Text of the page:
Published Online: 15 JUN 2010
Copyright © 2006 John Wiley & Sons, Ltd
Encyclopedia of Inorganic Chemistry
How to Cite
Shaw, G. and Ashworth, D. 2010. Selenium: Radionuclides. Encyclopedia of Inorganic Chemistry. .
- Published Online: 15 JUN 2010
Selenium in the environment has been studied intensively for several decades, since it is both a trace nutrient and a toxin. It is a ubiquitous element in soils, waters, and the atmosphere, with chemical similarities to the other group 16 elements sulfur, polonium, and tellurium. Important selenium species in environmental media include inorganic oxyanions as well as organic species produced by biological methylation mechanisms. The only probable long-term source of radioactive selenium to the environment is the leakage from radioactive waste repositories. Only 79Se is of concern in this respect, since it is the only long-lived radioactive isotope of selenium (physical half-life = 377 000 years). Under alkaline geochemical conditions, there is the potential for 79Se to migrate from geological radioactive waste repositories in very small quantities over very long periods. It is expected that any 79Se released into the environment will behave in the same way as nonradioactive selenium, though the kinetics of isotopic exchange between 79Se and stable selenium in soils, sediments, and other environmental media have never been studied over timescales relevant to radioactive waste disposal. It is unlikely that environmental concentrations of 79Se will ever lead to exposures approaching the intake levels associated with stable selenium. Any exposure that does occur is likely to be primarily through the dietary intake pathway, since the principal environmental reservoirs, and therefore potential sources, of selenium in the environment are waters and soils.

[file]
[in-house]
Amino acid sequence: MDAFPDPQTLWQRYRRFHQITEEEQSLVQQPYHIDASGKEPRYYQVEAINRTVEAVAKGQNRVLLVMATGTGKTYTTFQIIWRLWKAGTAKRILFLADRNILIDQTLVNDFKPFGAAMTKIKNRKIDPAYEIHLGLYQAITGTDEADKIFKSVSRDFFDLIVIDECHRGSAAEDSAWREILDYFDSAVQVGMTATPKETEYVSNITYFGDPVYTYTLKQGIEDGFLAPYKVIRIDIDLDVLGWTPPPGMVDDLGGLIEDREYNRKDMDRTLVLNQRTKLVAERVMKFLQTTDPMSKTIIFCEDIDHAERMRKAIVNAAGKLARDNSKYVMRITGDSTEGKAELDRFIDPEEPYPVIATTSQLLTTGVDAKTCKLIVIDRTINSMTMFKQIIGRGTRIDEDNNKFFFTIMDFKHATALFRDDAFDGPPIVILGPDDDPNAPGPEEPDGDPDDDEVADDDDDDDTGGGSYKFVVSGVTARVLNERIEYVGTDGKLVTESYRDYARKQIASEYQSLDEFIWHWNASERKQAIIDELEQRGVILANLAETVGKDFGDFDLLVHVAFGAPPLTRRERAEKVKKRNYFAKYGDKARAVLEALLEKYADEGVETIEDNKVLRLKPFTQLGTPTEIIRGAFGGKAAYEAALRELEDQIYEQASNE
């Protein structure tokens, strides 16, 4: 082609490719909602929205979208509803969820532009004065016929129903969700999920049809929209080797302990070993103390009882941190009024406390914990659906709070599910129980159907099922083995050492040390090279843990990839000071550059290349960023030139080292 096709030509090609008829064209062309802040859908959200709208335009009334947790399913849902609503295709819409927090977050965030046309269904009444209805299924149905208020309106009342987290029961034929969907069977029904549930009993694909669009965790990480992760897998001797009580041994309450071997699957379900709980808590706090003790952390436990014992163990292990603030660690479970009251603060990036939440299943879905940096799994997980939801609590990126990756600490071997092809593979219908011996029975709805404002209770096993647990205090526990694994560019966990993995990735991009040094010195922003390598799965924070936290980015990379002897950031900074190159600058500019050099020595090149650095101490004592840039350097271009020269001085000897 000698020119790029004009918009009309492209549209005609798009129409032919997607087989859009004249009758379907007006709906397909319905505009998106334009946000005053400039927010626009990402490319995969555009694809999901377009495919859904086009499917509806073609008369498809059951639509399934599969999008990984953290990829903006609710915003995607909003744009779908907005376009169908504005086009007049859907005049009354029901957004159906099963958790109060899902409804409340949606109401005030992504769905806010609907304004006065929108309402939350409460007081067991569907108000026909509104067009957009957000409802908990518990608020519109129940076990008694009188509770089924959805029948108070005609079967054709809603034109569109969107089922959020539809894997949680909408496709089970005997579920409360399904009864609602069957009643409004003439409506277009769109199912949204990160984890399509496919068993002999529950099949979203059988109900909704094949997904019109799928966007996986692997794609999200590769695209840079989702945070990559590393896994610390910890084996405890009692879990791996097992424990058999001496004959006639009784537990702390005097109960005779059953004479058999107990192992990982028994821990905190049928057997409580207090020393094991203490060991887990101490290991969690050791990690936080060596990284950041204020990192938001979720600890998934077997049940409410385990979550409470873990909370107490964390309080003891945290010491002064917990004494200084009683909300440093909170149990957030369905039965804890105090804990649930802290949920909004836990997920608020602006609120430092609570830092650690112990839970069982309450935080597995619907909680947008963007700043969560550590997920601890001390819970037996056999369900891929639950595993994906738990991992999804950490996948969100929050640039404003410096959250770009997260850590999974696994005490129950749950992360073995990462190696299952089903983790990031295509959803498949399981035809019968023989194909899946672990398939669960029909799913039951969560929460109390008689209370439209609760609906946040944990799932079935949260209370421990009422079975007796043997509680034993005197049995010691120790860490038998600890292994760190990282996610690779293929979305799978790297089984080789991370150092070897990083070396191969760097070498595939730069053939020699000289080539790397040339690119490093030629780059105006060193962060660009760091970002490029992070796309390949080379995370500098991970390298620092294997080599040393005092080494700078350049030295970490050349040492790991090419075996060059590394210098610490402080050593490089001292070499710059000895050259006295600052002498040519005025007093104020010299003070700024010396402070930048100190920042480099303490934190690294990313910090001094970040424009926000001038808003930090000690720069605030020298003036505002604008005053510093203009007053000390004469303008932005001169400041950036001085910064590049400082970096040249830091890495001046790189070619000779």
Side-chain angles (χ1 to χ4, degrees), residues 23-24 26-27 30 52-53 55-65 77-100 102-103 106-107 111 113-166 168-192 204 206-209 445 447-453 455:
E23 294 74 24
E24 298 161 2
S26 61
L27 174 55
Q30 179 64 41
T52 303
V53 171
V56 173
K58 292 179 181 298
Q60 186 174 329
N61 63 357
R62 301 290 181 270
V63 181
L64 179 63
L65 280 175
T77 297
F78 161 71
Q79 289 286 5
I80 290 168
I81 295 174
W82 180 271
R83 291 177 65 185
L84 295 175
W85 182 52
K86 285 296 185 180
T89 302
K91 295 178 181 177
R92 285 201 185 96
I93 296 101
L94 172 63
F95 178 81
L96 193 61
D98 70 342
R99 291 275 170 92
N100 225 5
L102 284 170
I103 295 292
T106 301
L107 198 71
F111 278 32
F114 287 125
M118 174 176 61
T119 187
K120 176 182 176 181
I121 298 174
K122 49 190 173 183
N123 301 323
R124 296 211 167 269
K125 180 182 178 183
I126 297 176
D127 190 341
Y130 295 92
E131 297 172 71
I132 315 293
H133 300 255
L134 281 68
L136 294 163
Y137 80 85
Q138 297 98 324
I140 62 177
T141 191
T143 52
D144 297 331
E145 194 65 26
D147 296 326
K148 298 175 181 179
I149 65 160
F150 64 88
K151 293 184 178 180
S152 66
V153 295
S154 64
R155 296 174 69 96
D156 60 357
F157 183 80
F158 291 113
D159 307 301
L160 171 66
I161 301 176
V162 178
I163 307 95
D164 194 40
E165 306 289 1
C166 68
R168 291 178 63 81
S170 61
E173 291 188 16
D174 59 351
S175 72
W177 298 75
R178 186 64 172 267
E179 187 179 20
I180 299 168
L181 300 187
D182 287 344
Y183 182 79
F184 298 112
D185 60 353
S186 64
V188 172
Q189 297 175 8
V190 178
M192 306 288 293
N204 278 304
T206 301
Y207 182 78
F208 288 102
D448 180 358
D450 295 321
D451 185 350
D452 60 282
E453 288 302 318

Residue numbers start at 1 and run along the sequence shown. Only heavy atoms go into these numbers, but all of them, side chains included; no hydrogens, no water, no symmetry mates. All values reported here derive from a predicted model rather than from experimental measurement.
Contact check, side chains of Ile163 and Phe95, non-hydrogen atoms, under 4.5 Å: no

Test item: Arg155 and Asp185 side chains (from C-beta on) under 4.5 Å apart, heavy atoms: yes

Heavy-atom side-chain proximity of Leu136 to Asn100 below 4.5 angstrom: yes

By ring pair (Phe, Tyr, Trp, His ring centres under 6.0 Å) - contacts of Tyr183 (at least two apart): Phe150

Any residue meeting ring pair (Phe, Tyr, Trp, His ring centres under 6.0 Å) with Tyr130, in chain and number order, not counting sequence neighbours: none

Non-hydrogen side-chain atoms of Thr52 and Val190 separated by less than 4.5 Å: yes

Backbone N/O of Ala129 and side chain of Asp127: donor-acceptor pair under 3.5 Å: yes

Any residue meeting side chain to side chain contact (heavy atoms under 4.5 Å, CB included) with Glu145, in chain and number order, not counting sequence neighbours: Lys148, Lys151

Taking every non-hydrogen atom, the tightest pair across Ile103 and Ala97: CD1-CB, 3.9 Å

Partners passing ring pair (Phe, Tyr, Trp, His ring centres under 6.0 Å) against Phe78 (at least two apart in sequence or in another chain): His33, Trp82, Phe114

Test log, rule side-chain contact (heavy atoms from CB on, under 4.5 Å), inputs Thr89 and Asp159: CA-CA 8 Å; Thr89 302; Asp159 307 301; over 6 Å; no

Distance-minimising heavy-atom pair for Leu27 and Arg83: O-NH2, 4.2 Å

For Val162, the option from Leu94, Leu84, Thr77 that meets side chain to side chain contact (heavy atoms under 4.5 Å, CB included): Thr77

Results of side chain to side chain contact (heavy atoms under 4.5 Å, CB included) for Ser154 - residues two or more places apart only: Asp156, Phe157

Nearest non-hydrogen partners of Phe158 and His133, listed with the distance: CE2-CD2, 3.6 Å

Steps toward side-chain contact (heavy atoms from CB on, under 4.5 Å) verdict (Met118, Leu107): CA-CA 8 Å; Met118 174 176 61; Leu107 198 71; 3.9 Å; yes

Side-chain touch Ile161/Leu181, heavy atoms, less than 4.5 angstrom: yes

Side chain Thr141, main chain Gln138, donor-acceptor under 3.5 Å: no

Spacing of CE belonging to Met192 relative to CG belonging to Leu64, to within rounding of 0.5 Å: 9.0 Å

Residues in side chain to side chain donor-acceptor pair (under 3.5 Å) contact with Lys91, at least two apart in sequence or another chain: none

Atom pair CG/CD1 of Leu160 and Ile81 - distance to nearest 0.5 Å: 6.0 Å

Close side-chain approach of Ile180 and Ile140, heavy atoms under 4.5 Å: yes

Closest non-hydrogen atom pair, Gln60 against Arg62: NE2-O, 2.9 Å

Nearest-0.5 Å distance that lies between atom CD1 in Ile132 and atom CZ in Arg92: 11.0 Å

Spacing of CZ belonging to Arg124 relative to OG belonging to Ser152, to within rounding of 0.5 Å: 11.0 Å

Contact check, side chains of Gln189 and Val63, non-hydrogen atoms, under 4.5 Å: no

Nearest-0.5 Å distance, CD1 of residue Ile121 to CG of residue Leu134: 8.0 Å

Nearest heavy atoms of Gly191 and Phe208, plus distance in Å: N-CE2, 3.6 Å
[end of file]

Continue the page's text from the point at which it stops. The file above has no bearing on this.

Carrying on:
- elemental selenium;
- human exposure